Comparing the considerations made by a GMM with those made by a conventional investment portfolio manager, it is clear that retail decision-makers don't think about risk in an explicit way, certainly, not in a quantitative way and, still more certainly, not in a quantitative way that takes into account how risks associated with department-level buying decisions add up to total risk for the overall retail inventory “investment.” Rather, prior art retail decision-makers think about risk in an ill-defined, gut feel sort of way. This qualitative assessment is usually at the department level, not the overall store or enterprise level.

However, the inventor has realized that, given nature of retailing and especially, for example, the fickle nature of certain of its sectors (such as fashion apparel), a quantitative assessment of risk associated with inventory investments, at both departmental and store/enterprise levels, can facilitate optimizing allocation of inventory budgets.

To this end, analogizing to the financial world, the risk of allocating budgets to (or “investment” in) the inventory of a single retail department can be defined as the standard deviation of that department's percentage returns over time. Here, “return” is defined as the monetary recoupment from sales of the inventory by that department. That return is referred to below as “general merchandise return on investment” or “GMROI.” It will be appreciated that the GMROI metric described below is merely one way to measure “return on investment.” Those skilled in the art will appreciate that other metrics for return on investment may be used instead or in addition.

If the quarterly percentage return (GMROI) of, say, the Jewelry department for the past three years has been 80% every quarter, then the risk associated with that department is zero (since the returns are constant). On the other hand, if the quarterly returns are 98%, 64%, 142%, 153%, 136%, 101%, 111%, 147%, 72%, 85%, 130%, and 106%, then the mean return is 112% and the risk (i.e., standard deviation) is 81%. What this means is that roughly two-thirds of the time, the quarterly return of Jewelry department will be within 81 % of the average return of 112%. More simply put, a department with fairly steady GMROI will have a lower GMROI risk compared to a department with high GMROI one year and terrible GMROI the next year.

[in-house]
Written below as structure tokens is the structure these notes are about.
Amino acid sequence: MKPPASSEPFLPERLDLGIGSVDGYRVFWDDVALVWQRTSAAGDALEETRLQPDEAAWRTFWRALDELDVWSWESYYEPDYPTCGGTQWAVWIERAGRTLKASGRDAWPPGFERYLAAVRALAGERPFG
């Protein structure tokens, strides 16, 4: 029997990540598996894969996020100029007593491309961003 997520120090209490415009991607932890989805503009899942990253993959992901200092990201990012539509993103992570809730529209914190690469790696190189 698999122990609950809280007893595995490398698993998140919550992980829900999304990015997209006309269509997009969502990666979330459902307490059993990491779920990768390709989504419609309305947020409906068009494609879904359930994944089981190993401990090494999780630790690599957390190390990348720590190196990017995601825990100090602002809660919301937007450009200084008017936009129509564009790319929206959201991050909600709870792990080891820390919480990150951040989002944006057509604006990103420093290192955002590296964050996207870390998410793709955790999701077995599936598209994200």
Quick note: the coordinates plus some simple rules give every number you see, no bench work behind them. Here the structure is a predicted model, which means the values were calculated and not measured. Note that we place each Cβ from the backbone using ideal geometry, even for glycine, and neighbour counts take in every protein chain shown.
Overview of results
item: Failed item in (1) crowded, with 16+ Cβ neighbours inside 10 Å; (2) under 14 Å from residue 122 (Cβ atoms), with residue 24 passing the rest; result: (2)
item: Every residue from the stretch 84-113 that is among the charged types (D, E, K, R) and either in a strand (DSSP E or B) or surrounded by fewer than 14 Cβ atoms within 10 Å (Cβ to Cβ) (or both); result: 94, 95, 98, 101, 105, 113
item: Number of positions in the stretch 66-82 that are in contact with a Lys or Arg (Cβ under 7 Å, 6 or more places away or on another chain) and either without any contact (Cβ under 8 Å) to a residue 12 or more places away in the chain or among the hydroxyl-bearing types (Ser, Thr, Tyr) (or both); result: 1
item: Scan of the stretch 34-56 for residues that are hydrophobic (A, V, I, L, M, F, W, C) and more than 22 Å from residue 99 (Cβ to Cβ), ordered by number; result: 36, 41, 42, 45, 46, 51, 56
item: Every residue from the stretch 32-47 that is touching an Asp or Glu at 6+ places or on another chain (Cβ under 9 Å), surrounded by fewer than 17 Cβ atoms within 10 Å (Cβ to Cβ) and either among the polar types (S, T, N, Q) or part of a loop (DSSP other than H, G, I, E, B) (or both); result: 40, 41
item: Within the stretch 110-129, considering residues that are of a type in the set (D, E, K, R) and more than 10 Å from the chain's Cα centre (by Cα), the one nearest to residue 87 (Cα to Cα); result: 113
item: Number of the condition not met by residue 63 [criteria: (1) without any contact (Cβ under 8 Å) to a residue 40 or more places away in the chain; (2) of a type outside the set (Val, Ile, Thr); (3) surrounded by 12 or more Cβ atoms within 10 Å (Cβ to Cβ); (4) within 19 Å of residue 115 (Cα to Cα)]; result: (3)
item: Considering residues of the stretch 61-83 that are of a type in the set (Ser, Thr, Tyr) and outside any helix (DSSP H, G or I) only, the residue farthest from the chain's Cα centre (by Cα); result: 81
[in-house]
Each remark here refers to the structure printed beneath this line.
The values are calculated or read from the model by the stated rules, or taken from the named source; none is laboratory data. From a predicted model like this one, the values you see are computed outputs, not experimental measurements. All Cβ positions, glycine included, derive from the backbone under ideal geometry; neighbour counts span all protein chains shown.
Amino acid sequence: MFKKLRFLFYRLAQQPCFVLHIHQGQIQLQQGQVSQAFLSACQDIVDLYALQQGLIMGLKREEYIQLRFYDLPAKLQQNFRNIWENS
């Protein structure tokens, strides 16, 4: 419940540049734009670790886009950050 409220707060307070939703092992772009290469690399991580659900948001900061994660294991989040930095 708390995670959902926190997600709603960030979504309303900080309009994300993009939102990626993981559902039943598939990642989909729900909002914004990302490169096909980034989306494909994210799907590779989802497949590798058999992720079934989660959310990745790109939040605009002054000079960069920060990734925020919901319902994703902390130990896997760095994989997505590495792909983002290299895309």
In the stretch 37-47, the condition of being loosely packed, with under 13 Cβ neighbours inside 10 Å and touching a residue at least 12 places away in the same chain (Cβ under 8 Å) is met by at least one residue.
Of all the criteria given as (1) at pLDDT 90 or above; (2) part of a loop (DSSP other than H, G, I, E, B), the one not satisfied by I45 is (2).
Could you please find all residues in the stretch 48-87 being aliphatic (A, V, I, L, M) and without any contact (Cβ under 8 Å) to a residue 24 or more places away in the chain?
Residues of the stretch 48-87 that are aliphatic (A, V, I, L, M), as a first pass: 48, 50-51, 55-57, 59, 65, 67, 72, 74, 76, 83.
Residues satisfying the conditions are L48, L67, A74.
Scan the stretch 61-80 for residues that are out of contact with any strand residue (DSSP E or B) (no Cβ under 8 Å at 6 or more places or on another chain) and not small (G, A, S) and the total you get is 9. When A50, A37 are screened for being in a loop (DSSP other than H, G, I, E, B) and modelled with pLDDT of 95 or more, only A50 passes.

Moving on to the calculation of risk of an inventory budget as a whole., i.e., the risk associated with multiple retail departments in a store or enterprise, inter-departmental covariance comes into play. This is a quantification of the notion that overall risk can be reduced by diversification—or, analogizing (again) to the financial world, that the total risk of an entire stock portfolio is less than the sum of the risks of the individual stocks.

The inventor has discovered that using pair-wise covariances is one way to calculate the risk of the retail inventory budget as a whole. If a certain pair of departments has a highly positive covariance, it means that historically their GMROIs tend to sink or swim together. If a department pair has a highly negative covariance, then when one does well, the other tends to do badly and vice-versa. Using these pair-wise historical GMROI covariances, the illustrated embodiment determines the GMROI risk of the retail inventory budget as a whole, i.e., across all departments.

FIG. 2 is a flowchart showing steps executed by workstation 22 in optimizing the expected return of a portfolio of merchandise inventory investments—and, thereby, optimizing allocation of inventory budgets—a current or future sales period, taking GMROI risk and other constraints of the retailer into consideration.

In step 30, the workstation accepts inputs for the budget optimization. These can be input by a user, operating keyboard 22b, loaded from a file on store 20, downloaded or obtained directly from the departments 12-18, or otherwise. In the illustrated embodiment, these include the GMROIs of the departments (for which budget optimization is being performed) for the prior planning periods; the total available budget for inventory across all departments for the current (or future) sales period (for which the optimization is being performed); and the average space intensity (i.e., square footage needed for every $1000 of inventory) for each retail department.

By way of example, the departmental GMROIs for prior periods could be the prior twelve quarterly GMROI for each department, as indicated in the table 50 in FIG. 3. Of course, GMROIs for epochs other than quarters could be used, as could numbers of those epochs be other than twelve (though, for purposes of calculation, it is preferable to have the same number of epochs for each of the departments). And, of course, it will be appreciated that the specific departments identified in the table, and used throughout this disclosure, are merely examples.